It is just about possible, for those sole-traders so interested and trained, to make a few pence by repairing and/or selling bicycles. One or two such firms may do a cycle-hire scheme. I’ve never thought this a good idea; particularly in the North of England. (For a one-man-band that is.) And, to be honest you don’t see many, if any, firms so advertising. Why? There will be several reasons, most of them related to viability.
So it comes as no surprise, to anyone in the cycle and cycling business, that the London Boris Bikes – ostensibly a ‘business’ concept, i.e., they should make money – are costing tax-payers a small fortune! The idea is good – the bikes are good. No problems there. So, what’s wrong?
Perhaps it’s because the Boris Bikes, as a business, are ‘sponsored’ by a bank and operated on governmental guide-lines – which are also used to fund and ‘run’ the country. The country is in hock to over a ¬£trillion so the financial woes of the Boris Bike’s are, simply, as expected!
But why do non-business folk – such as Boris (and that bank), assume that when they attempt to make a profit (or, let’s face it,even break-even), in a field of expertise not greatly favoured by real entrepreneurial types, let alone rank amateurs – bother?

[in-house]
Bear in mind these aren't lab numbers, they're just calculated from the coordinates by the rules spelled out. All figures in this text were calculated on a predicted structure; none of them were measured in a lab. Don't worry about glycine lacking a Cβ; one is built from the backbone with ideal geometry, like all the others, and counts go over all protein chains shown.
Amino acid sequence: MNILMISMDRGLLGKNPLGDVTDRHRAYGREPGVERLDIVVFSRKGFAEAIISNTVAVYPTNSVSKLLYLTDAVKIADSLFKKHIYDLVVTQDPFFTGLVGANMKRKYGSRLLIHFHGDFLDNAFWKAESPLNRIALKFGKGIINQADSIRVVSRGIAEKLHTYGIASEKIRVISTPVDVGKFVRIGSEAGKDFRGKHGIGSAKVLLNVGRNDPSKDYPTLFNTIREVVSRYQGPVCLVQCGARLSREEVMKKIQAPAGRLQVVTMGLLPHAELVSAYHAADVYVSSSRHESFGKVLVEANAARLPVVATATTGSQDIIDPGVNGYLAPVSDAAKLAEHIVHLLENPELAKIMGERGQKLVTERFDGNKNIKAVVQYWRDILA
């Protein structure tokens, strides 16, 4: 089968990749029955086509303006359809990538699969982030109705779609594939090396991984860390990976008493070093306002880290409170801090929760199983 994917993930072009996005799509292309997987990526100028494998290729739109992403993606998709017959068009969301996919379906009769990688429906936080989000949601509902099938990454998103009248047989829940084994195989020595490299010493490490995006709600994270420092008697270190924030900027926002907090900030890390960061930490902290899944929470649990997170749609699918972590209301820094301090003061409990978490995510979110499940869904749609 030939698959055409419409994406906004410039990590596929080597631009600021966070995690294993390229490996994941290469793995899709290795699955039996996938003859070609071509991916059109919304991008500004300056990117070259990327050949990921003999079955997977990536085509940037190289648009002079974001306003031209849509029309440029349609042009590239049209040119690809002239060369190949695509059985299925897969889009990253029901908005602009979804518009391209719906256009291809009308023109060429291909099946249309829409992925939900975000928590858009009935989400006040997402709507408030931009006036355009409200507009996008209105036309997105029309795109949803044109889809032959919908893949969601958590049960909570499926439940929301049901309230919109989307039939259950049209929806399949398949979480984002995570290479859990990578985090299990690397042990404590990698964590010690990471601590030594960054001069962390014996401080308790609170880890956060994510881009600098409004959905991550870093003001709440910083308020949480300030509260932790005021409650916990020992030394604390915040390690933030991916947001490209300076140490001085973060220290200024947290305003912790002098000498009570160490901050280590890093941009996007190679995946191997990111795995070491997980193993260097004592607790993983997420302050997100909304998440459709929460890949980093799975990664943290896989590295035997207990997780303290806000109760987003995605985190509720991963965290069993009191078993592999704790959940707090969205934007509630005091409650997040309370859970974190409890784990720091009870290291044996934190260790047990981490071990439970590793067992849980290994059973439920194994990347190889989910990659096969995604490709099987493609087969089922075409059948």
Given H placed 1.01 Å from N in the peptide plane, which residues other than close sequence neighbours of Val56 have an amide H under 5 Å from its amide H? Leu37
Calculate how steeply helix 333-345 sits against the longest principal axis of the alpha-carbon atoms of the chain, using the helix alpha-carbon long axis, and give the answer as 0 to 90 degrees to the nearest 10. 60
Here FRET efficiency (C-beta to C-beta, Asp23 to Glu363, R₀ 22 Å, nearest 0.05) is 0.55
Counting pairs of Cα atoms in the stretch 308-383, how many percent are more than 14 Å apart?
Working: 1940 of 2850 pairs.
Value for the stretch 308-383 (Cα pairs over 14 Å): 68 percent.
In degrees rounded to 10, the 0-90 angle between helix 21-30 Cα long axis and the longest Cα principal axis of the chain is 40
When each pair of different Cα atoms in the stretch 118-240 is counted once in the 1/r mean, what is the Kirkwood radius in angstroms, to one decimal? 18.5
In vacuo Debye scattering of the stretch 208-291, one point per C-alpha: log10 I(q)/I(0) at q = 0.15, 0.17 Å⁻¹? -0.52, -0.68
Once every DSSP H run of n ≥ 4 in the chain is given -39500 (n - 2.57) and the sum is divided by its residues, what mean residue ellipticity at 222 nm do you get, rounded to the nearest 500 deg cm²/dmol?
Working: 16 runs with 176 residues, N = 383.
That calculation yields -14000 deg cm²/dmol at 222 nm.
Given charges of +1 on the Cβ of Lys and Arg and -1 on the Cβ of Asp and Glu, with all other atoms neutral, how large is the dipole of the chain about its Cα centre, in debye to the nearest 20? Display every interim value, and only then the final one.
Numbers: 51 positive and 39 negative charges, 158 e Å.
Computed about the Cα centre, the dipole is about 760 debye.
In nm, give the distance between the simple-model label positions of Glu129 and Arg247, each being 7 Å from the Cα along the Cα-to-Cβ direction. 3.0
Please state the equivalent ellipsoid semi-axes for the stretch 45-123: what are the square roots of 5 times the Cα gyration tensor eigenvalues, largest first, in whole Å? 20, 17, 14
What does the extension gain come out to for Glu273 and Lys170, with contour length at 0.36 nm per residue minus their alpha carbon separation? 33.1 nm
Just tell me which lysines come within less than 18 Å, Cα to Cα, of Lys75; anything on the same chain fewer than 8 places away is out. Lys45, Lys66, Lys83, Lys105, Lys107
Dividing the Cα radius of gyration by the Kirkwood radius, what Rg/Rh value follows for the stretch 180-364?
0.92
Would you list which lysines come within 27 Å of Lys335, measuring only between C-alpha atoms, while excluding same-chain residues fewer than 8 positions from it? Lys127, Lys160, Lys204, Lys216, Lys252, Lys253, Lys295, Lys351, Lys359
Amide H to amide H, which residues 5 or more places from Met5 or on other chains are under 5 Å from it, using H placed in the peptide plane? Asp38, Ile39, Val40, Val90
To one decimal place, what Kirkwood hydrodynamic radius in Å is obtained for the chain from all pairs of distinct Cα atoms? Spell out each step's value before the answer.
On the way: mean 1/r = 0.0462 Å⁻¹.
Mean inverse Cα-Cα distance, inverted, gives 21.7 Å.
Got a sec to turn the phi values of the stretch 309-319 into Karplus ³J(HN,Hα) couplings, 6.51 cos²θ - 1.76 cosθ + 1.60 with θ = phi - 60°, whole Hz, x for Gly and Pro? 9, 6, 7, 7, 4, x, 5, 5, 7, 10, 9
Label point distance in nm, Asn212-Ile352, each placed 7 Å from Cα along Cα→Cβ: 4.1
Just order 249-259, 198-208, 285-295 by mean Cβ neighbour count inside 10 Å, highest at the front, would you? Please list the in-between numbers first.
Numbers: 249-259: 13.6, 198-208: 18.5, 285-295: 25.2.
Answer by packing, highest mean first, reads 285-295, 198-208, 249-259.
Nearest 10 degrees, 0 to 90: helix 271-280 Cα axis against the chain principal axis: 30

Simples. O.P.M. Ego.
Coming soon – HS2.
Trains or bikes, they’re all of a muchness with an amateur’s ego and a bottomless pit of extorted O.P.M.

Friday 12th July 2013.

The good, sunny weather is holding-up well; it was really warm again for the early ride around Radcliffe. I’d heard, a while back, that Ash trees were dying because of some ‘virus’ or other and, recently, I’ve heard the same about Oaks. There are quite a few young Oak trees alongside the canal tow-path – there’s one in the first picture – but they look green and healthy to me, the older ones, at the Bury end of the canal, are massive, their branches more or less covering the water from one side to the other.
Close to that Oak in the first picture, Elder trees are flowering – picture two.
The wild grasses and weeds – Nettles and Brambles – beside the tow-path, are four-feet high, with some weeds ready to flower. There are: horses, cattle, sheep and several water-birds about and the travel, along the tow-path, is usually unhindered even if it’s busy. And there are no internal-combustion exhaust fumes befouling the air. Walking requires no special equipment, except good shoes perhaps. Cycling requires a reasonable bike – a few pounds? Yet, not far away (geographically) hundreds, possibly thousands, of internally-combusted vehicles, pump all sorts of gases into the air as they stand, traffic-jammed, in the centre of Radcliffe, for over an hour, each morning and afternoon. There is a TV advertisement for one of the more ‘popular’ private cars – an Astra, (?) the one shown around twenty thousand pounds…they sell umpteen of them. Many families have two – or more.
There’s nothing wrong in owning a car. But just think of the cash saving, if a faster, unhindered transport mode was used, even just for getting to and from work, when the weather was fine, as now, for a start.
And slowly, as you ride a bike more, you not only get and stay reasonably fit, you learn to recognise a tree – or two!